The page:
Dear Pastor Laning,
Greetings in the Lord Jesus Christ our Savior,
First and foremost I am very thankful to God for the introduction of the new rubric “The Reader Asks” to our Beacon Lights Christian magazine.
My first question I would like to ask you is on evangelism. During the early church time, there were only two types of evangelism: mass and personal evangelism. Occasionally multitudes assembled to hear one of those Christians speak—especially where some outstanding miracles had occurred. As the people throng to see the miracle happening, the apostles embrace the opportunity by scattering the seed of the Gospel.
Today mass evangelism is done through conventions and radio broadcasts, as miracles have ceased and, moreover we have the complete word of God. But scarcely now would one hear of personal evangelism or “door to door” evangelism as it is usually called. It is true that we all cannot be preachers, meaning that one cannot be a preacher as well as the other, but it is also true that all Christians are witnesses. God has made the work of the ministry a distinct office from another, just as each of the members of our bodies its own distinct work, the eyes to see and the nose to smell.
But the question is who is supposed to be doing the work of personal evangelism? Why is nobody doing it? When I asked a couple of Christians why they would not go out on a door-to-door witnessing, they quoted Romans 10:14-15, and they even added the great commission of the Lord is for pastors and not for us. Yes I see that, but what I am talking about here is witnessing. Do I need a missionary call before I can win souls? Is it sin to even go abroad without a “call” to tell the gospel?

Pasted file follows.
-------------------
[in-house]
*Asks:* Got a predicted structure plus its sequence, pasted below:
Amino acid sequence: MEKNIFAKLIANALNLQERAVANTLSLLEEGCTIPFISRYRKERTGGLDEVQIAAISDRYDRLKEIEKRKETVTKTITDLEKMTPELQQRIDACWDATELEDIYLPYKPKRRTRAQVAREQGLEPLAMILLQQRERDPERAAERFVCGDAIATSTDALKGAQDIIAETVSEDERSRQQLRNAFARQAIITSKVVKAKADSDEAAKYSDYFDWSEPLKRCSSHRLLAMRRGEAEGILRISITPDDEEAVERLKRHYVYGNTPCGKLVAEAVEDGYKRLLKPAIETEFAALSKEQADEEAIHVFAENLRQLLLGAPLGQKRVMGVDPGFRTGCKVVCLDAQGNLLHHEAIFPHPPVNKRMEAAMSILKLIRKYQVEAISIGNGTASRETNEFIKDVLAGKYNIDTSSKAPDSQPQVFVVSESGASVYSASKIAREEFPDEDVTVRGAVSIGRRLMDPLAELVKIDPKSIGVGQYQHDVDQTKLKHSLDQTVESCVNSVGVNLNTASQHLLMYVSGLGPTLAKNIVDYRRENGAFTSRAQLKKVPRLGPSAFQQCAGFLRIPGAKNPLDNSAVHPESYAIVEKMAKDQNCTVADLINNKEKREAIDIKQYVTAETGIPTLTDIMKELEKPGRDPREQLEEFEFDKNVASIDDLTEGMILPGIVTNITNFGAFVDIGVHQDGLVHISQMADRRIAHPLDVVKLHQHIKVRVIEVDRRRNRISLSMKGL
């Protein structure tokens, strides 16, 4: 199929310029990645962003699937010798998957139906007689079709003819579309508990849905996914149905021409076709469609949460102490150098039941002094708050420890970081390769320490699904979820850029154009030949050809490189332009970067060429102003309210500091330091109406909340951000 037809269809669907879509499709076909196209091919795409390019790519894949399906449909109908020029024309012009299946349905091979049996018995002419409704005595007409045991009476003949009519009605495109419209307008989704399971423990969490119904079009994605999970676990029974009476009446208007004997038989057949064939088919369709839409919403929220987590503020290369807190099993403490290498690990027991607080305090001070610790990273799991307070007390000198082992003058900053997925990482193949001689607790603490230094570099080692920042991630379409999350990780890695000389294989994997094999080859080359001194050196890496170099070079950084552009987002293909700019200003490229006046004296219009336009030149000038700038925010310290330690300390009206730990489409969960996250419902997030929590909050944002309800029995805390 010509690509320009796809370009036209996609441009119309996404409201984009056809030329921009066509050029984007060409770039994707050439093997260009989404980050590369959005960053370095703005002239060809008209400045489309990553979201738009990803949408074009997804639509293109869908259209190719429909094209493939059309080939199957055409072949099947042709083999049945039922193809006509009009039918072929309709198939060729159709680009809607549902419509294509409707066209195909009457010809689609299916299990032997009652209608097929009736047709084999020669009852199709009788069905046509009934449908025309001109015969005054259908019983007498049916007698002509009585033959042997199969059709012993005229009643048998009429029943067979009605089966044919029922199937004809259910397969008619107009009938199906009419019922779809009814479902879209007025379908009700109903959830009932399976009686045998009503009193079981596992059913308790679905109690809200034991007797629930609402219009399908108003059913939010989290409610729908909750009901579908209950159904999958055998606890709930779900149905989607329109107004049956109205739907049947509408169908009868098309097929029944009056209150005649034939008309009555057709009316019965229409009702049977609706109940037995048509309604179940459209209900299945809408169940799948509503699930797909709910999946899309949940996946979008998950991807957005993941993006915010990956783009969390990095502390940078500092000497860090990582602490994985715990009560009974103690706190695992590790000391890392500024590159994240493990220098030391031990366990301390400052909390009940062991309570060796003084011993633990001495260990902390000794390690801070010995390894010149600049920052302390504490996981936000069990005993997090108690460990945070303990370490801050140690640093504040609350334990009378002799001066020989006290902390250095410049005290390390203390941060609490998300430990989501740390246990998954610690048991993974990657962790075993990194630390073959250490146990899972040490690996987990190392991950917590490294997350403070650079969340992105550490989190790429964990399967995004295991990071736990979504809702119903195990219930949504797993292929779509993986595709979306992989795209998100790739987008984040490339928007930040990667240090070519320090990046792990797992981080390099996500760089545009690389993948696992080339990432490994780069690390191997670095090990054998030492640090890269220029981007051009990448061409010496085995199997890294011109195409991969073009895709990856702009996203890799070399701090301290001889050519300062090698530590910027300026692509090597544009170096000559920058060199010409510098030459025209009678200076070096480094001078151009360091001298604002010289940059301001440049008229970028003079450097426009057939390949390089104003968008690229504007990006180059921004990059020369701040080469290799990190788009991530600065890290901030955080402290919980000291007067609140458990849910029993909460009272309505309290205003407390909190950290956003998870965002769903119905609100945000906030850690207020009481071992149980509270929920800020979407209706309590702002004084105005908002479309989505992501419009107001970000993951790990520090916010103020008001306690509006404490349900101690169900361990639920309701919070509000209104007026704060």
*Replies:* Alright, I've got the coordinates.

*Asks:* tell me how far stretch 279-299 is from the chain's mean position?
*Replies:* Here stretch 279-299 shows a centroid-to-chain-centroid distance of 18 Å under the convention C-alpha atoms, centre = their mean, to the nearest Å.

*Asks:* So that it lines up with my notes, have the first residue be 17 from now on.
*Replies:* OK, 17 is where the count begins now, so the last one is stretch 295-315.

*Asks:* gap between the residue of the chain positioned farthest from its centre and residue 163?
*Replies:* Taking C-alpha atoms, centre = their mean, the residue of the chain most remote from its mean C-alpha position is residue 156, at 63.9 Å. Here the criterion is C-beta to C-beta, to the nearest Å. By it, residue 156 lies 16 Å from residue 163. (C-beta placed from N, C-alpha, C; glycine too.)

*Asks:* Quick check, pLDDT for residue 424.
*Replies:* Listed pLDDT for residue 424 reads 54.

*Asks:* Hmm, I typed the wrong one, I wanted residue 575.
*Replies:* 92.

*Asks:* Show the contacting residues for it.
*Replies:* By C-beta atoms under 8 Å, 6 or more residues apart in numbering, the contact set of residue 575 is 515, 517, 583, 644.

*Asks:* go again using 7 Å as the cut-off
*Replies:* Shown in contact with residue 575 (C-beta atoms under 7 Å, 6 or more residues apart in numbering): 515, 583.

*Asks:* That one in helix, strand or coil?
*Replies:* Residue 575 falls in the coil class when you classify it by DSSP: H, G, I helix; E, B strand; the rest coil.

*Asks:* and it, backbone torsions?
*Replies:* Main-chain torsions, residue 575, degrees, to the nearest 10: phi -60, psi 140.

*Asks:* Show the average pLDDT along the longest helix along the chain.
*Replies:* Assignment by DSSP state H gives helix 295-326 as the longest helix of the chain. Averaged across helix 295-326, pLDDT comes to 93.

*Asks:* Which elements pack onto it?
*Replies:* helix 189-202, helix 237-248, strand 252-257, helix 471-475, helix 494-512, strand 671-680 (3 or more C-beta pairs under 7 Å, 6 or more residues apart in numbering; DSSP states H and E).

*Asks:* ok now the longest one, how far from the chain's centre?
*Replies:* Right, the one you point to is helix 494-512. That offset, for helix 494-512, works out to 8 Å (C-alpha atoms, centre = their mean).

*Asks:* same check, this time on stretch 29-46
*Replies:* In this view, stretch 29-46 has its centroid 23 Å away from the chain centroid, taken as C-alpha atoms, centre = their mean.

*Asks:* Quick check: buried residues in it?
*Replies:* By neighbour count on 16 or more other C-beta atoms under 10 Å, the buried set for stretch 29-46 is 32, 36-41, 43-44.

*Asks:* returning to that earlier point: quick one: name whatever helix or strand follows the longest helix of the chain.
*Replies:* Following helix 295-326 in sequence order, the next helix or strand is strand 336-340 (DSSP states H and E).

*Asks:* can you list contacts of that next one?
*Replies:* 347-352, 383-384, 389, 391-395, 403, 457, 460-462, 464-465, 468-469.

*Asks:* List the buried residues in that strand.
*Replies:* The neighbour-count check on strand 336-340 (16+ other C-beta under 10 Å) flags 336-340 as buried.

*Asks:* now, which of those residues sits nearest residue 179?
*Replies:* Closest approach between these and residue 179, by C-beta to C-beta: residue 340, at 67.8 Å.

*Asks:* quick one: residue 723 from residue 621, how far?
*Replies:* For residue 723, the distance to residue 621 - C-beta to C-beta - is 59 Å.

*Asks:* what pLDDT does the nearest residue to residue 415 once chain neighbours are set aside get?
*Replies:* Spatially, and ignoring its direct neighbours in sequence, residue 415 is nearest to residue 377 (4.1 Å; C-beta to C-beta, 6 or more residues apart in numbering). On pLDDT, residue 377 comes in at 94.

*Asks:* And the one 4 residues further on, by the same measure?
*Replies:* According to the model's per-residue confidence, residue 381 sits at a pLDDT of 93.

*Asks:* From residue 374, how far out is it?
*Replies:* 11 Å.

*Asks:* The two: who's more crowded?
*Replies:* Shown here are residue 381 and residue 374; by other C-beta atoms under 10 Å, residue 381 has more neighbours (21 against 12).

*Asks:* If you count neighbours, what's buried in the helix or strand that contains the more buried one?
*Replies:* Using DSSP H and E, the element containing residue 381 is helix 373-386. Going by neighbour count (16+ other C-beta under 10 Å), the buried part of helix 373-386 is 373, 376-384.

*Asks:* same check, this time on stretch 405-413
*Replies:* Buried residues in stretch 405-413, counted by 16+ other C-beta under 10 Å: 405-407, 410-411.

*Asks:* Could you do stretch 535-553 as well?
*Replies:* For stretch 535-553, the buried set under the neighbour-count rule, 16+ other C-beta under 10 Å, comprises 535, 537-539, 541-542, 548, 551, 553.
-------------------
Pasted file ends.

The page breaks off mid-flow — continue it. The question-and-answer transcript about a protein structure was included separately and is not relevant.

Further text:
Why is the church not encouraged to go out on door-to-door evangelism? Christ commands us to “go out into the highways and the hedges and compel them to come in that my fathers house may be filled.” (Luke 14:23) Is every Christian a witness? Then why are we not encouraged to go on personal witnessing? You do well in saying we can witness through our actions as well as our speech, but the question is why is the door-to-door witnessing fading out of the system? As you consider to answer these questions I would also like you to look at the following passages: Luke 15:1-10, Acts 20:20.
“The fruit of the righteous is a tree of life; and he that winneth souls is wise” (Proverbs 11:30).